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Children and Responsibility

Responsibility is a valuable lesson that when instilled in children at an early age, can teach your child how to handle greater responsibilities they will encounter as they grow up. More than likely your child will be excited to start taking on household chores because it means you trust them enough responsibilities to let them handle a certain task or assignment. Responsibilities and chores will also allow your child to feel like they are part of the family and they bring something to the table. Tasks will encourage feelings of teamwork and self-worth within a child.

Teaching Children Responsibility

You want to assign responsibilities and expectations upfront. You want to let your child know that their tasks are going to be important and a good effort and attitude is required. Make sure you let them know this is part of being a "big girl/boy," and growing up requires them to take on certain responsibilities. Below are some ways to begin teaching your child the values of responsibilities:

  • Establish responsibilities and chores together. Give your child some say in what household duties they like participating in. If they like washing the dishes with you then let them, but also rotate a variety of tasks so they learn how to do different jobs that assist in keeping the house running and family together. Setting up a chore chart is a fun and easy way to communicate your expectations.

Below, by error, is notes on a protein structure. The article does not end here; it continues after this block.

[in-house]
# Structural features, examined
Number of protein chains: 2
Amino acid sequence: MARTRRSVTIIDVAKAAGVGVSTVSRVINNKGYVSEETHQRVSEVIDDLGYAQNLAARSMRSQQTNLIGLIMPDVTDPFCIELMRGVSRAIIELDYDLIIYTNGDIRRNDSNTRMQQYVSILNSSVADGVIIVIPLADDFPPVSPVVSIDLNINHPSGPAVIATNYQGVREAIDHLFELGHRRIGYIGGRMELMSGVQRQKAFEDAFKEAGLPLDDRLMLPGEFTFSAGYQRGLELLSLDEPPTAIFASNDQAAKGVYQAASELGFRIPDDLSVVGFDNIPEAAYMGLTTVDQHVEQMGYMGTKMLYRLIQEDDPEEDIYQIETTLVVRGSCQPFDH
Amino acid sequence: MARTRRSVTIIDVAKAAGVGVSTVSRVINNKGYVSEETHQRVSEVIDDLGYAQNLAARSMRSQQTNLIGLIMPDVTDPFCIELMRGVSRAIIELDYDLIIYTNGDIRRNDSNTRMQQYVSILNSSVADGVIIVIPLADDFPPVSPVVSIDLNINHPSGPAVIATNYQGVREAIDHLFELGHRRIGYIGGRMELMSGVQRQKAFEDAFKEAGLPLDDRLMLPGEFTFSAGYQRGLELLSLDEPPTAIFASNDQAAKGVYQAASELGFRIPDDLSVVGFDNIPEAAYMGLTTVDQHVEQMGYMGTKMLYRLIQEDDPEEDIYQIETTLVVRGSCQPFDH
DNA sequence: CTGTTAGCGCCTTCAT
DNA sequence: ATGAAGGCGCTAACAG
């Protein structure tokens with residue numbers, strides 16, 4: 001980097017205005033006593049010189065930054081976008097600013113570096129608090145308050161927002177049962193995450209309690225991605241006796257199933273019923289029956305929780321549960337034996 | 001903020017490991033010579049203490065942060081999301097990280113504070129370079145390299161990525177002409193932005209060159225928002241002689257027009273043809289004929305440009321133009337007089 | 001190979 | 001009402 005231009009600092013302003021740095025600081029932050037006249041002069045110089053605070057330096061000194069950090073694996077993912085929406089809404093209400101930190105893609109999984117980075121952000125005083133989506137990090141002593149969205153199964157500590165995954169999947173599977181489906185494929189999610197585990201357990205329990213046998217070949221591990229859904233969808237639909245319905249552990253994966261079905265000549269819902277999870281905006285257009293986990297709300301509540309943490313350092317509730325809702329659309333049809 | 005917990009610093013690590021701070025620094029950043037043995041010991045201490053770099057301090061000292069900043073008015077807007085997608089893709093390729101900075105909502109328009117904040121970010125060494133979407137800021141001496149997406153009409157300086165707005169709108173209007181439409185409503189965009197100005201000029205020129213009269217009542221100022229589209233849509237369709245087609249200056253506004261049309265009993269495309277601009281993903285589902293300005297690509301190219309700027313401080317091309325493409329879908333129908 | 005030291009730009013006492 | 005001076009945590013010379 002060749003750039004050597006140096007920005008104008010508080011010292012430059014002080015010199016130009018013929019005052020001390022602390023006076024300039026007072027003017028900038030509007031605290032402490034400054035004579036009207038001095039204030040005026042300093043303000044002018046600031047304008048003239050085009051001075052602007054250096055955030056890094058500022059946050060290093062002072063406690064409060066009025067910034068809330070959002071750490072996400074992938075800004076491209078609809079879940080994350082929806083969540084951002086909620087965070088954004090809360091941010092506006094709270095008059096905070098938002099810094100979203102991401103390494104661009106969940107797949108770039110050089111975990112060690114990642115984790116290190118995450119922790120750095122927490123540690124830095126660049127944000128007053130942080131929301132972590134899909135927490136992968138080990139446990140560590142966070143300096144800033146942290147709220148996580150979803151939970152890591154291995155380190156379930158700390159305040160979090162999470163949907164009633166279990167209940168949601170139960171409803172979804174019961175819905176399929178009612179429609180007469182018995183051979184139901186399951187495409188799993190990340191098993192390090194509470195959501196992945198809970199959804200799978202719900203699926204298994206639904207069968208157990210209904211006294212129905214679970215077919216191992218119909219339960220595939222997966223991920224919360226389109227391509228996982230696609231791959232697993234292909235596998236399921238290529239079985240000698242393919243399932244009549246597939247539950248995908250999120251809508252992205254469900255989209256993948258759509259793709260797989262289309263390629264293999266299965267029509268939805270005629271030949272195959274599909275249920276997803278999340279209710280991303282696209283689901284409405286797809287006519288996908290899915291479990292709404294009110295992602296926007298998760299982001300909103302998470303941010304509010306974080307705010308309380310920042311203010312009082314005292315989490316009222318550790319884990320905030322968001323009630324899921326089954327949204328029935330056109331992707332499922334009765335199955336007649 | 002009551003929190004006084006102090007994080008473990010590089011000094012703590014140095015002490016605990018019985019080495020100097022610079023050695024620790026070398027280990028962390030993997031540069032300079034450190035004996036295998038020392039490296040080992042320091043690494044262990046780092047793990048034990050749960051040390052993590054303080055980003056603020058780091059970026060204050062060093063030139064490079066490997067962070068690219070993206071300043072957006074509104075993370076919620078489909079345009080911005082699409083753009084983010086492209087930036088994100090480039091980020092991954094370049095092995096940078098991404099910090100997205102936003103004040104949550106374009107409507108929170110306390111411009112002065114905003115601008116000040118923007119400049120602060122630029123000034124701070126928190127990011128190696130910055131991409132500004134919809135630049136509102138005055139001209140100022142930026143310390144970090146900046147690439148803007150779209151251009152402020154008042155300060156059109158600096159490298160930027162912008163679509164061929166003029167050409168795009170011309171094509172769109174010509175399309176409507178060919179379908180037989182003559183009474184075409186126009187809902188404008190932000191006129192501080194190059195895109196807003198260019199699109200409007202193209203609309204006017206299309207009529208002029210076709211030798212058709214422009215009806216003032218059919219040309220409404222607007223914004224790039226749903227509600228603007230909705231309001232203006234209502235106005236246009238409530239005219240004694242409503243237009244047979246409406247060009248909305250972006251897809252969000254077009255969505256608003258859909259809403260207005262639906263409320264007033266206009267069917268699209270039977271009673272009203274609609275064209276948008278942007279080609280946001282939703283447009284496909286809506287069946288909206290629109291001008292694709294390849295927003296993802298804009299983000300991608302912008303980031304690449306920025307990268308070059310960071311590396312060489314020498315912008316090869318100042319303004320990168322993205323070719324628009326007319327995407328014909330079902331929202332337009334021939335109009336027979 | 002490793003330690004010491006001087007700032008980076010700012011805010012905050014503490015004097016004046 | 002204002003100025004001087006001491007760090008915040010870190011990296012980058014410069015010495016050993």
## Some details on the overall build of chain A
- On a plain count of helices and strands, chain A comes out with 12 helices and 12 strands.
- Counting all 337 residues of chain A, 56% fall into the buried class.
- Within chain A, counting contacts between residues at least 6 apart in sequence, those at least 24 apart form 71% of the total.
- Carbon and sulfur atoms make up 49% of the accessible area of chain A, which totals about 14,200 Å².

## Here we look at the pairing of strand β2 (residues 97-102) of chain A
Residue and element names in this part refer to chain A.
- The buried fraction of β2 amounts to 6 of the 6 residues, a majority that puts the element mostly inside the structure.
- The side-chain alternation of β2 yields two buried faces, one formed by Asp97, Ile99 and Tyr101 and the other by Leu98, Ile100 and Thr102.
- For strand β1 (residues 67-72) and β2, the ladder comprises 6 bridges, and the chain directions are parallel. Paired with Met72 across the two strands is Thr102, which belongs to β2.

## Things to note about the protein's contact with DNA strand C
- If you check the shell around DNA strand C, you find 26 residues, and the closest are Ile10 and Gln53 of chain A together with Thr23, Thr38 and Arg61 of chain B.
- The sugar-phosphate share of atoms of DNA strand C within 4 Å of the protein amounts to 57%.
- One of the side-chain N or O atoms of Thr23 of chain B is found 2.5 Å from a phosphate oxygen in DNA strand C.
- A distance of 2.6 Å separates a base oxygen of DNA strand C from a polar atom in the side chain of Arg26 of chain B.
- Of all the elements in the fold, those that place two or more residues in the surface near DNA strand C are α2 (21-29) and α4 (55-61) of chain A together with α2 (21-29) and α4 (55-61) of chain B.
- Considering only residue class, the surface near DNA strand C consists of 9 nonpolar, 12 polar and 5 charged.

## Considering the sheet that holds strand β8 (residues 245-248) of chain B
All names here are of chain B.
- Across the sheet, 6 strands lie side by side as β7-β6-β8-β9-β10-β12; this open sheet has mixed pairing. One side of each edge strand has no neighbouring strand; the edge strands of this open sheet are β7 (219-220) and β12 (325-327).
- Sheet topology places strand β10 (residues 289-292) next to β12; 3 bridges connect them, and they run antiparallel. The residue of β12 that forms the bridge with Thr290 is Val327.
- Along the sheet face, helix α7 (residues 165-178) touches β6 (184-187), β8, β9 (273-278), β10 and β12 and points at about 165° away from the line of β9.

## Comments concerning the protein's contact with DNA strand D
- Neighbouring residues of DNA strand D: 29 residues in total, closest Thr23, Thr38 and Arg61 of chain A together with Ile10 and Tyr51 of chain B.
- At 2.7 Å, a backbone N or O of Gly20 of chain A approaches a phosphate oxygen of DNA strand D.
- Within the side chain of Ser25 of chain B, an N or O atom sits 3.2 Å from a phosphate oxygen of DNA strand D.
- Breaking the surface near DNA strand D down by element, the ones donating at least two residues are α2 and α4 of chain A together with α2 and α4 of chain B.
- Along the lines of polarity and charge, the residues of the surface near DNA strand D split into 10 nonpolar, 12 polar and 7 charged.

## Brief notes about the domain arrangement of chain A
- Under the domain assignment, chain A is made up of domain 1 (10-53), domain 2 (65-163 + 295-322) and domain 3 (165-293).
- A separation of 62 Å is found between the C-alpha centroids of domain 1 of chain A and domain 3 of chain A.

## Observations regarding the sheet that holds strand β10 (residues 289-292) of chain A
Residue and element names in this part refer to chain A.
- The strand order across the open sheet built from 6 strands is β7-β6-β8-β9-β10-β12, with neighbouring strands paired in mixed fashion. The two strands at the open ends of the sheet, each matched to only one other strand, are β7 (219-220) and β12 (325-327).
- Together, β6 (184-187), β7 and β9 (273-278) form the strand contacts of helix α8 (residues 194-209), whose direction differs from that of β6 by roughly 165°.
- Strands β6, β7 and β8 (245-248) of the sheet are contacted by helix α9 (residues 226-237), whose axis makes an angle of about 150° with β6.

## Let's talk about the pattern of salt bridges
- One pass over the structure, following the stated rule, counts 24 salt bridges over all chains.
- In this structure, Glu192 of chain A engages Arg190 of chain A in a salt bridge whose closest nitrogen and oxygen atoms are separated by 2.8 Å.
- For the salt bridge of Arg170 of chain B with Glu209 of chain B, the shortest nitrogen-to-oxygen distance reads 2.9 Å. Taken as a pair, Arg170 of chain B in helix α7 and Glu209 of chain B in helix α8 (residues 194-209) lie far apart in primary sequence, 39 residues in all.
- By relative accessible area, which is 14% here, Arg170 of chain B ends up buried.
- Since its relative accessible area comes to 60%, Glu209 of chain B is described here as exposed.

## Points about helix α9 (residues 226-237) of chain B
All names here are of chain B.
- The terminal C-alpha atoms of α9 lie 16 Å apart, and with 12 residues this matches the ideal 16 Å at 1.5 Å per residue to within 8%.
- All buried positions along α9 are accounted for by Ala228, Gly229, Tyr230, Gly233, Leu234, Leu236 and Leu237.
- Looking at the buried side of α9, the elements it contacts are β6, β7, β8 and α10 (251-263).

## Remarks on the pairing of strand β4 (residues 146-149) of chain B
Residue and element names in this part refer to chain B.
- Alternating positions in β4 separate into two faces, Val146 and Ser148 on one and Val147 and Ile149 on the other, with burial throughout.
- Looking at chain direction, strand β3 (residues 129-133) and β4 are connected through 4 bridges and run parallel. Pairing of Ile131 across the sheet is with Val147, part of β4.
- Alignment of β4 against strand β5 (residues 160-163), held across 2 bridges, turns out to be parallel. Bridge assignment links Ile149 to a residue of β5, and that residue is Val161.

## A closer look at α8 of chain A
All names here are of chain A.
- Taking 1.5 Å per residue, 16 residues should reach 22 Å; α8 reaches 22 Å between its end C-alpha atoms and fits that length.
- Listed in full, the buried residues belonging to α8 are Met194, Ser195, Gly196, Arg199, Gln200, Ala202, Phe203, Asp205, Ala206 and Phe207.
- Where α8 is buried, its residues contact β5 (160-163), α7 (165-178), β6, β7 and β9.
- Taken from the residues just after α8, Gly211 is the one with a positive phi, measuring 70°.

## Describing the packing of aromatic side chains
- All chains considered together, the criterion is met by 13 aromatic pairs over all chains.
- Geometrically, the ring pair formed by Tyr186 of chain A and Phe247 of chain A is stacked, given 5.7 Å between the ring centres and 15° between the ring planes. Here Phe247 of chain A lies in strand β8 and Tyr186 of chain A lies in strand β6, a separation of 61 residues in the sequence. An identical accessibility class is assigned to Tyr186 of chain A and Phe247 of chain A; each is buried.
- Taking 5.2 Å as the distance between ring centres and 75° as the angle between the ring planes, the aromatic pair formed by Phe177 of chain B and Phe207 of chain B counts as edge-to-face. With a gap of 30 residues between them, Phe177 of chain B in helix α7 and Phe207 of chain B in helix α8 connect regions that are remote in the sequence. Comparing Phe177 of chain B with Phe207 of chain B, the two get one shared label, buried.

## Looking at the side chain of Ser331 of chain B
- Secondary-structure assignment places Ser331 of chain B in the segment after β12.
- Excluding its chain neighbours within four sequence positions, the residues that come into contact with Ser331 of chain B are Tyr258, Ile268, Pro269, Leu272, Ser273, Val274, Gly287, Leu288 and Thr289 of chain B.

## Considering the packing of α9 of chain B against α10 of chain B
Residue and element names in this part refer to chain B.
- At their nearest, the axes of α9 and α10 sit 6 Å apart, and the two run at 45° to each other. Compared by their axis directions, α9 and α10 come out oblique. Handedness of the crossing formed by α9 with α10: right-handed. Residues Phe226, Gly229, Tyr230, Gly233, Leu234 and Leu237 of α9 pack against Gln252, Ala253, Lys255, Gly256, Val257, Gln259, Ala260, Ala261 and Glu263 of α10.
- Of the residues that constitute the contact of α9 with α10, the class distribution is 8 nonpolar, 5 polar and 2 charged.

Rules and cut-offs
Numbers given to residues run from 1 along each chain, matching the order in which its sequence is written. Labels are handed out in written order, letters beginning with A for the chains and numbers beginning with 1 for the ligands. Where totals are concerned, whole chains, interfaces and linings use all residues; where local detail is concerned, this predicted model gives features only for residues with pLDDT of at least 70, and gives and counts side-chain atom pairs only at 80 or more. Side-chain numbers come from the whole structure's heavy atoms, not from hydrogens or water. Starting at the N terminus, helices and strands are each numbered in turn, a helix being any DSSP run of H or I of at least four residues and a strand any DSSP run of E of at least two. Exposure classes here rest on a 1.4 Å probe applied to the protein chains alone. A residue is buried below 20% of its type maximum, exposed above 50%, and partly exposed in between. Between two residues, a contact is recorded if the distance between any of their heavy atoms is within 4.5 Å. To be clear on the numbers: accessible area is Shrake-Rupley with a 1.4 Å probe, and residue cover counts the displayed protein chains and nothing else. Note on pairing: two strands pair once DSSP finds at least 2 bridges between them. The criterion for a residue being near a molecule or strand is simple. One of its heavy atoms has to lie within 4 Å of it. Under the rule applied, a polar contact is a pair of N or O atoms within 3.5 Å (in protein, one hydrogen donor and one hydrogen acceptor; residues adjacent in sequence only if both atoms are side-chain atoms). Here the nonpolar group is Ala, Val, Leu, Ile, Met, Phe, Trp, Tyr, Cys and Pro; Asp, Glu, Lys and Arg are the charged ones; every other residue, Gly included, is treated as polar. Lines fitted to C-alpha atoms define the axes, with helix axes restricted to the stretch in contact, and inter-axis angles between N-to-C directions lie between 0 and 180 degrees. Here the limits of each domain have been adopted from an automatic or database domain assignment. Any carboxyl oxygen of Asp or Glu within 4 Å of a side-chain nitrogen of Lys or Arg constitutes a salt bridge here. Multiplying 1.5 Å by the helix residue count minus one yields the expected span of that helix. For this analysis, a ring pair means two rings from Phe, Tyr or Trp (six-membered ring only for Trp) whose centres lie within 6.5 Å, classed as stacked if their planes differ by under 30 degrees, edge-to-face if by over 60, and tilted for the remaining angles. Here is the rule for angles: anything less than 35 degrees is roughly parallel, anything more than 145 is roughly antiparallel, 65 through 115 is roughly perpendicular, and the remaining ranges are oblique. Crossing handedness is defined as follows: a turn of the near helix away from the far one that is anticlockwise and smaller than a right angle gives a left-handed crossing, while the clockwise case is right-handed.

• Show them what happens when a job is not done correctly or at all. If they didn't want to set the table let them know how that impacts family dinner time. Maybe it takes extra time to sit down and eat or maybe everyone has to use paper plates and plastic cups (i.e., "little kid's cups") tonight. This lets them know their chores are important and that they contribute to the functioning of the house.
  • Stand your ground in "chore battles." Once your child gets over the excitement of doing chores they might want to trade tasks or find excuses to not participate in them. You'll want to ignore these attempts and once again remind them why their chore is so important. If you give into the attempt just once, they'll quickly learn how to get around or avoid doing what is expected of them.
  • Use positive reinforcement. Allow them to enjoy the benefits of a task well done. "You did such a good job on your chores this week, this weekend we're going to go the park (zoo, movies, mall, etc.)." A fun way to do this is to set up a points and reward system with a chore chart where the child earns points for each chore or group of chores completed. The points can be used to "buy" rewards from a points store you set up for them. Rewards can be non-monetary such as extra TV time, or something monetary such as a video rental or game.

Implementing daily chores or tasks is an excellent way for your child to develop stepping stones towards responsibility. They'll soon learn that responsibilities are a normal part of life and that undertaking them provides positive contributions to the family and themselves as individuals.